Insurgent is the second in the series of screen adaptations that are based on Veronica Roth’s blockbuster Divergent trilogy. This movie is a rarity for a cinematic sequel because it’s actually better than the first episode.

In case you’re unfamiliar with the series’ basic premise, the post-apocalyptic science fiction story is set amidst the crumbling ruins of a walled-in Chicago where what’s left of humanity has been divided into five factions based on their personality types: Abnegation (the selfless), Amity (the peaceful), Candor (the honest), Dauntless (the brave), and Erudite (the intelligent).

Our heroine, Tris (Shailene Woodley) was deemed a threat to society after testing positive for several of the aforementioned qualities, since that makes her a Divergent, one of the handful of nonconformists whose minds the government cannot control. Consequently at the end of the original movie, the headstrong rebel ends up orphaned and roaming the streets with her fellow non-conforming outcasts.

Insurgent picks up where Divergent left off, but with more intensity and more visually captivating special effects. At the point of departure, we find Tris on the run with her boyfriend Four (Theo James), her brother Caleb (Ansel Elgort), and Peter Hayes (Miles Teller). The fugitives are being sought by Jeanine (Kate Winslet), the maniacal Erudite leader who has seized control of the city by commandeering the Dauntless warrior class.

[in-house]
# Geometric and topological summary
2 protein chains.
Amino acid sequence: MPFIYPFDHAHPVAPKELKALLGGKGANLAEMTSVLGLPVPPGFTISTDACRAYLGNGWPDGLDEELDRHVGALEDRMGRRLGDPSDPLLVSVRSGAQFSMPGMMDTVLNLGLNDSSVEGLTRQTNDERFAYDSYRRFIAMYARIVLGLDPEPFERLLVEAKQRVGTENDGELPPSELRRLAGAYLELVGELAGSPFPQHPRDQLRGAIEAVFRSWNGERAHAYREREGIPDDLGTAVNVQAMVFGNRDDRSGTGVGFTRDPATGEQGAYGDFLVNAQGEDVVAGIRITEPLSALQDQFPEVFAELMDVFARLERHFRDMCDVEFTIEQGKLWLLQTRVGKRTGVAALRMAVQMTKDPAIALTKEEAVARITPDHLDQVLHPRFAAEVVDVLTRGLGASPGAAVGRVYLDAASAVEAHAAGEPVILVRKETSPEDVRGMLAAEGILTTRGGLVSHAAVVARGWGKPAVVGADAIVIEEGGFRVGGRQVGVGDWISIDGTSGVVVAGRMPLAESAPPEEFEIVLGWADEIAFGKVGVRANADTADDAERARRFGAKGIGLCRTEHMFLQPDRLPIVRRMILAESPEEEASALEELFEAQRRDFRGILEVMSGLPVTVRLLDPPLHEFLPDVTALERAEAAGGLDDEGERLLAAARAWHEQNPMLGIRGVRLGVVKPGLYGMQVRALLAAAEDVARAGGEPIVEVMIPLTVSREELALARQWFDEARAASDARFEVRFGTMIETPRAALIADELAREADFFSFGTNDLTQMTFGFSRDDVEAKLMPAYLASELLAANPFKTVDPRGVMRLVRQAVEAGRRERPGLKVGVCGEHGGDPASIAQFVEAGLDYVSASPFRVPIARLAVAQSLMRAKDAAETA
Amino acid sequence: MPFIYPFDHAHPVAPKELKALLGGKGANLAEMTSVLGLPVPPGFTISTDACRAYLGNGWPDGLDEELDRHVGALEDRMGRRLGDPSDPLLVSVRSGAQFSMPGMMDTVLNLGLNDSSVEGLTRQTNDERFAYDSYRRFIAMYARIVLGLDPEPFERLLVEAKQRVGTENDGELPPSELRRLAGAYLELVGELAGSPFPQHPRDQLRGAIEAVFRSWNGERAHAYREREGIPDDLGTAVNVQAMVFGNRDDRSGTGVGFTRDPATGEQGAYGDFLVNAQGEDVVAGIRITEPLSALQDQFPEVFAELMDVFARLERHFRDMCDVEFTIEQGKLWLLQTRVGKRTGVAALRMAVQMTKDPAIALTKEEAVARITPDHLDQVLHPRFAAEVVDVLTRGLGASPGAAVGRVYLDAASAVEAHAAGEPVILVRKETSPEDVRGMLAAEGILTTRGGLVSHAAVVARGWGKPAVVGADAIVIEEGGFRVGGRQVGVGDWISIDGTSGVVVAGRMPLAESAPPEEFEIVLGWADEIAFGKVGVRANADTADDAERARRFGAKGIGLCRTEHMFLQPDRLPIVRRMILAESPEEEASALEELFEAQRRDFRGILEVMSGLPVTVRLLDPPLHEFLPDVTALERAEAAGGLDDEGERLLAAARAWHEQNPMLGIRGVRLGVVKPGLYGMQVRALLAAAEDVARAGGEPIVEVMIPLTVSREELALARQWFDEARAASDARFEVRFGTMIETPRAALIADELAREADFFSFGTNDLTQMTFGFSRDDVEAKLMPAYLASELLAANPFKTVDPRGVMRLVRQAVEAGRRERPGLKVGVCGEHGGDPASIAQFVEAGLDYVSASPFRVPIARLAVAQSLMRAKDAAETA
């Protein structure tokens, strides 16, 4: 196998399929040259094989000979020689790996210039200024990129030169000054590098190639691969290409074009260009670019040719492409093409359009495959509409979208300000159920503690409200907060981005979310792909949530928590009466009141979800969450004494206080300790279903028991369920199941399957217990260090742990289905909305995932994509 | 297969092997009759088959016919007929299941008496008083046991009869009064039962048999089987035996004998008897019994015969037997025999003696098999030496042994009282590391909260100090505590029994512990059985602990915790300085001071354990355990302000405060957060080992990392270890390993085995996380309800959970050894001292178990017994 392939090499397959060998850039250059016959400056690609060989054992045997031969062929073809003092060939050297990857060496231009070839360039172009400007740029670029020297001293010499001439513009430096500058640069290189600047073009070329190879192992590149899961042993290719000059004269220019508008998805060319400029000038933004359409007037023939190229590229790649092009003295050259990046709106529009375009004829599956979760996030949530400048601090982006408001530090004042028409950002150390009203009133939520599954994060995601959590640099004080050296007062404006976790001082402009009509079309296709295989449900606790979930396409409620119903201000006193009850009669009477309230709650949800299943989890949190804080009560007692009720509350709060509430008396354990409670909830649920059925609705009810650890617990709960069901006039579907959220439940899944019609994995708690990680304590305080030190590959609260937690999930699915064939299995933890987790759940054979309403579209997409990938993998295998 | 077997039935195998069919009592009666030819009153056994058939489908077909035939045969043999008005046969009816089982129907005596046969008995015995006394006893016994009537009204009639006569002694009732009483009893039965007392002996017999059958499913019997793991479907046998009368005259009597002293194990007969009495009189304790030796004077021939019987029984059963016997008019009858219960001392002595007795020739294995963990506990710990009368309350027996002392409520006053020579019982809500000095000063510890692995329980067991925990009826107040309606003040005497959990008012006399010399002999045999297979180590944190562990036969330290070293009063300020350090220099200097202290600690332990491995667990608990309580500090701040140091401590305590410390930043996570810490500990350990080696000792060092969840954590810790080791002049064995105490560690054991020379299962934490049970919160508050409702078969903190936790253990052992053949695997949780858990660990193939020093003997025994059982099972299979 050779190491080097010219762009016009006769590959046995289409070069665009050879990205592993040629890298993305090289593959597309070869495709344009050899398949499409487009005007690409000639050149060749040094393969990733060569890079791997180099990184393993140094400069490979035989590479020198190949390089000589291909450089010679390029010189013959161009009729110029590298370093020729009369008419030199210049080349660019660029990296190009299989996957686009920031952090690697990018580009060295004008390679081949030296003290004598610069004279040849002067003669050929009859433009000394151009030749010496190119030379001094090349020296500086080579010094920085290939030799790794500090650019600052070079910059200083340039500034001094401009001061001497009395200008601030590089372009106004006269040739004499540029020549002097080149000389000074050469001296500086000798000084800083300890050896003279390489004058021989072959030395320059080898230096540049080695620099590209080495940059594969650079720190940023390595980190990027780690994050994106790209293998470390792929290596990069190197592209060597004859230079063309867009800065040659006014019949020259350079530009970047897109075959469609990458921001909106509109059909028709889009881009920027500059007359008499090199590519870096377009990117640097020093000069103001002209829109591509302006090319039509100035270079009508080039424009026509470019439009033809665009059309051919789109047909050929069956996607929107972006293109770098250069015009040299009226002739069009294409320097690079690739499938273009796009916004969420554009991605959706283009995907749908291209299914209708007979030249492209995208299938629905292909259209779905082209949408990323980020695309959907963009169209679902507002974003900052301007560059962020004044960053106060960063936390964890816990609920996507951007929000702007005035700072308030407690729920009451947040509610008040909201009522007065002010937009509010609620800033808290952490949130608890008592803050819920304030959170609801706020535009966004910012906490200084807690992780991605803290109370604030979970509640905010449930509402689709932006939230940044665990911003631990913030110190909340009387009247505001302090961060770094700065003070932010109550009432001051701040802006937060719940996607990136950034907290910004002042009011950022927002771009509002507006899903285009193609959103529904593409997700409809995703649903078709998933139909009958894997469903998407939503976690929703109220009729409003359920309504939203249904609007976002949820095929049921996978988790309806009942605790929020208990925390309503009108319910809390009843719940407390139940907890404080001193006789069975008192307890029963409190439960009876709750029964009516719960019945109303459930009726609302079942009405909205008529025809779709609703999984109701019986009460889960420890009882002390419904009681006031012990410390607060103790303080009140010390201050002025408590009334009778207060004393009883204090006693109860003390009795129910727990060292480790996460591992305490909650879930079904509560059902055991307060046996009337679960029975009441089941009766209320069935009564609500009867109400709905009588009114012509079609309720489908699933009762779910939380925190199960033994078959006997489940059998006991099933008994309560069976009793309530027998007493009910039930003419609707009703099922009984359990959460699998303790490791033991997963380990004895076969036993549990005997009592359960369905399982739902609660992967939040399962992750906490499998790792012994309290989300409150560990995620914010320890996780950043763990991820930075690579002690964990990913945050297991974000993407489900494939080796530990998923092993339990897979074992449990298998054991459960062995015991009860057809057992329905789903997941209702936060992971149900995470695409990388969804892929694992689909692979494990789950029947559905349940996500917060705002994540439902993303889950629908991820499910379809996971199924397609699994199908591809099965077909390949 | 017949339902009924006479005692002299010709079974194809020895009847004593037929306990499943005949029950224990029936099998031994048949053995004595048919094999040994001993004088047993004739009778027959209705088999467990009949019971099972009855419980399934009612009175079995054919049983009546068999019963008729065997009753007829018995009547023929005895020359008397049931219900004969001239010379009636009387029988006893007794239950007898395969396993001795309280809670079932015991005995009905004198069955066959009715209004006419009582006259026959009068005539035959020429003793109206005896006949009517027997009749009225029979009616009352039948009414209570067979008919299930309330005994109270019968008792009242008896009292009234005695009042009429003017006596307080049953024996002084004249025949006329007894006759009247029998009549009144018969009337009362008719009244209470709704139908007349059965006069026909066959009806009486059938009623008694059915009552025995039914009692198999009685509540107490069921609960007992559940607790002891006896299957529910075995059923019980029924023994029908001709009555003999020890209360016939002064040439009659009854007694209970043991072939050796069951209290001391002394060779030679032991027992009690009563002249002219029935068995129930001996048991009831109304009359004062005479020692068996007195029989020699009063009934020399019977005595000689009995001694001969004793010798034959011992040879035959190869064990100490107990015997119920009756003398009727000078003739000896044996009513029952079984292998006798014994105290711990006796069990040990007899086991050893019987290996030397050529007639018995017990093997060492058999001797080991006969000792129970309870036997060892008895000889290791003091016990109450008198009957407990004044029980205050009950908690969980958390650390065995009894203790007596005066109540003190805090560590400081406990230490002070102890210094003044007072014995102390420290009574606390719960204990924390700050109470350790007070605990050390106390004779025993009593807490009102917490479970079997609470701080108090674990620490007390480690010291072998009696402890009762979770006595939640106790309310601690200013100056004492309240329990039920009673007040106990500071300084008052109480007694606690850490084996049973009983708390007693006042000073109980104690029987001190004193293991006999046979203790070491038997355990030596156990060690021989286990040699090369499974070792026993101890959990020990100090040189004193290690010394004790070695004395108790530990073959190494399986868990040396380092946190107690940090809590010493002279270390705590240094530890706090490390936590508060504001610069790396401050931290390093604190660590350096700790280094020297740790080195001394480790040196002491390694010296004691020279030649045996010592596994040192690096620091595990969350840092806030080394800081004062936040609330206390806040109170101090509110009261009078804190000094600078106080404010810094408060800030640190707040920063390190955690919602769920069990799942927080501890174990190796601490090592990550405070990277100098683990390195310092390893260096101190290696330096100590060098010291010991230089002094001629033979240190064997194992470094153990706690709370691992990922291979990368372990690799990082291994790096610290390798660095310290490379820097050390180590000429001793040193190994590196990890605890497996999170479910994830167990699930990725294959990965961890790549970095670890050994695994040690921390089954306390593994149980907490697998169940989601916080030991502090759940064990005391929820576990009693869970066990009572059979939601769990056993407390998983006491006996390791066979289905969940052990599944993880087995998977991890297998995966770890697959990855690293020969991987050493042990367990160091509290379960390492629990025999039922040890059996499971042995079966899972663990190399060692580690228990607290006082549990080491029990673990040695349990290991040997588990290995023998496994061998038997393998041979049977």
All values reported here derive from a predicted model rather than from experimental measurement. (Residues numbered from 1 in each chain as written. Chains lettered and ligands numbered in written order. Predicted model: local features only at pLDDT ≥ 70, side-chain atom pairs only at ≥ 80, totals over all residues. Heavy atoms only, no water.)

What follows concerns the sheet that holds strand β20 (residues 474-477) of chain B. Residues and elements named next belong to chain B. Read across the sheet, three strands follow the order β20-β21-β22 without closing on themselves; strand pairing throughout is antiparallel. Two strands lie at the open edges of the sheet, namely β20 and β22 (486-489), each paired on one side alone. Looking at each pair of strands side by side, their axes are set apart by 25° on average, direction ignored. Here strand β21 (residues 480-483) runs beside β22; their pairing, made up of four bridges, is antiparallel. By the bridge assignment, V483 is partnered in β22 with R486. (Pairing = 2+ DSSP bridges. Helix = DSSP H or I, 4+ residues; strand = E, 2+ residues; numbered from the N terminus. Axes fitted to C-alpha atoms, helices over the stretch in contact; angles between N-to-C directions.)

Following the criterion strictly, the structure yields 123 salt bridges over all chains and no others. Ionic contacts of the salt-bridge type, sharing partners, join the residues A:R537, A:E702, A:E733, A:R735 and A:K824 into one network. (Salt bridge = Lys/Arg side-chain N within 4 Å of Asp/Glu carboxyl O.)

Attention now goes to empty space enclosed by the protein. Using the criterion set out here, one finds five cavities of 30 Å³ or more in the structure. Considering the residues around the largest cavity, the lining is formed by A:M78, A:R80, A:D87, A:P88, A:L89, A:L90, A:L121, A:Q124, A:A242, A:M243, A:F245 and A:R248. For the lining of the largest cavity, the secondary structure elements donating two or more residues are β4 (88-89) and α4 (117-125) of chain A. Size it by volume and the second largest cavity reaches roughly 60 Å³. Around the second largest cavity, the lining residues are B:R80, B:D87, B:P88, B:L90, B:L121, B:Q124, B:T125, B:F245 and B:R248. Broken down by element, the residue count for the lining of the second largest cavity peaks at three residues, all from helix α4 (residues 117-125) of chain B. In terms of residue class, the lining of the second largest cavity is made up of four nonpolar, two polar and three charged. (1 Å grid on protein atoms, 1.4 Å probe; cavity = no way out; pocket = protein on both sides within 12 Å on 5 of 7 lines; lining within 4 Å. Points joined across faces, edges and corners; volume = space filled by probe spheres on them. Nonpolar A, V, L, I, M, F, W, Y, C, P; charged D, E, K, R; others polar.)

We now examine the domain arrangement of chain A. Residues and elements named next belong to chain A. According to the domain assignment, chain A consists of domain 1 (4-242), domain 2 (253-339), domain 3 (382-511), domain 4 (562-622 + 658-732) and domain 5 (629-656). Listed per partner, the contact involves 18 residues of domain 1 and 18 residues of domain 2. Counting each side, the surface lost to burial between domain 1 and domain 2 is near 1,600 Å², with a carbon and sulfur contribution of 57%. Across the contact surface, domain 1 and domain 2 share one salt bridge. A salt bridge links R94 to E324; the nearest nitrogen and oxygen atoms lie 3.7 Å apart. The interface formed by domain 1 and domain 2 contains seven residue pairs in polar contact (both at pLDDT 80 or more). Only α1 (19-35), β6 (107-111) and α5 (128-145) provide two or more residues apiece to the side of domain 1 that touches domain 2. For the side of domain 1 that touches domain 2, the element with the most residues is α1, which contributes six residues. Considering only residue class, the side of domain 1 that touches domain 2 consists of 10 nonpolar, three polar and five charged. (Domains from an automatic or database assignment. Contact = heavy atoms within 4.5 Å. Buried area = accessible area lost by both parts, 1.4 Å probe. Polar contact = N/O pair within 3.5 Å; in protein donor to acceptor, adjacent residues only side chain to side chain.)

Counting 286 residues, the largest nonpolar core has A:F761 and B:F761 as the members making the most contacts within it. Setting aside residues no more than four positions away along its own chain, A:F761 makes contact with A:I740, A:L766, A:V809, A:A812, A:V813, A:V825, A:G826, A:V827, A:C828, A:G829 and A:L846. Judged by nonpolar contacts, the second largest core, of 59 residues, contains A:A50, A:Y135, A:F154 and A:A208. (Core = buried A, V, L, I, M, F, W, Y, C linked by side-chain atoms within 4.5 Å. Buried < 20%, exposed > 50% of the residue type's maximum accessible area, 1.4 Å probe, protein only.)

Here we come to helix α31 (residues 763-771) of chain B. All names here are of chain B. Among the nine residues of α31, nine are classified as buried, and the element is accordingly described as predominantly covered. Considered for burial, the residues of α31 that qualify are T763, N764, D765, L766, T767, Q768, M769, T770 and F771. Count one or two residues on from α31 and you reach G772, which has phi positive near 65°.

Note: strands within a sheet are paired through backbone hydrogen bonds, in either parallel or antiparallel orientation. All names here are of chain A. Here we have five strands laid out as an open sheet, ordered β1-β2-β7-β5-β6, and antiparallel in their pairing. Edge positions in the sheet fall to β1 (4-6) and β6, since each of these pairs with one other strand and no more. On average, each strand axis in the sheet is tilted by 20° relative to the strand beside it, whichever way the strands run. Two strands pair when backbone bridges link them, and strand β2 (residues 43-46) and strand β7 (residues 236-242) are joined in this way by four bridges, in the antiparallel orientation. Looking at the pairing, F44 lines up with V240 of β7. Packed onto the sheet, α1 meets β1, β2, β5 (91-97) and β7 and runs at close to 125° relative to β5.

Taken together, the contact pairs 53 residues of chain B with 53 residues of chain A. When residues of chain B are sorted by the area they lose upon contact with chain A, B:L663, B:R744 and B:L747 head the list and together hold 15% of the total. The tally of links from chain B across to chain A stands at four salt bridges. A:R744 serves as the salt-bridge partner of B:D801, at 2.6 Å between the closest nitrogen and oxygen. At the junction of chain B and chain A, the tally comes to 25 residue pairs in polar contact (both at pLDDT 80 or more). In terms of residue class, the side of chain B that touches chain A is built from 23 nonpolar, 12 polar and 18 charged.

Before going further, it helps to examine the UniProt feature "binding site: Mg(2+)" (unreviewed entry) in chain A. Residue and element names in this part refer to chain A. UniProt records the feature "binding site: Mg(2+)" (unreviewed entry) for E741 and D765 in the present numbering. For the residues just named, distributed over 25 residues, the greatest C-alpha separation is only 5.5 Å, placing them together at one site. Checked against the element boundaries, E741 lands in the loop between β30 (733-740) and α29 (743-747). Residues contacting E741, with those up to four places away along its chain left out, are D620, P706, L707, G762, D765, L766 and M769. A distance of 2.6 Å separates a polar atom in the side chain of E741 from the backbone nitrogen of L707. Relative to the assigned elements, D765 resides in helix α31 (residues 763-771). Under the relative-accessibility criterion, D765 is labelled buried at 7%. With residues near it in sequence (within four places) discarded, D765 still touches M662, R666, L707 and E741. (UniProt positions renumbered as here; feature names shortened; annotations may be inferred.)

The despot has declared martial law until all threats to her power have been neutralized. Meanwhile, Tris and her compatriots continue to elude apprehension while simultaneously searching for a sacred talisman that was hidden by Tris’s late mother (Ashley Judd).

The ancient artifact is rumored to contain an important message from Chicago’s founding fathers. However, the box can only be accessed by a Divergent who succeeds in surviving an ordeal that tests for all five of the commonwealth’s designated virtues. Although it’s obvious that Tris is bright, fearless, and altruistic; she could perish while trying to prove herself a pacifist and truthful.

Fans of the source material will undoubtedly be surprised by this complicated challenge that wasn’t in the book. Nevertheless, the seamlessly interwoven plot device works in terms of ratcheting up the tension.

The film features a supporting cast that includes Oscar winners Kate Winslet and Octavia Spencer, and nominee Naomi Watts; along with effective performances from Theo James, Ansel Elgort, Zoe Kravitz, and Miles Teller. However, Insurgent is a Shailene Woodley movie from beginning to end.

Very Good (***). Rated PG-13 for sensuality, pervasive violence, intense action, mature themes, and brief profanity. Running time: 119 minutes. Distributor: Lions Gate Films.

March 18, 2015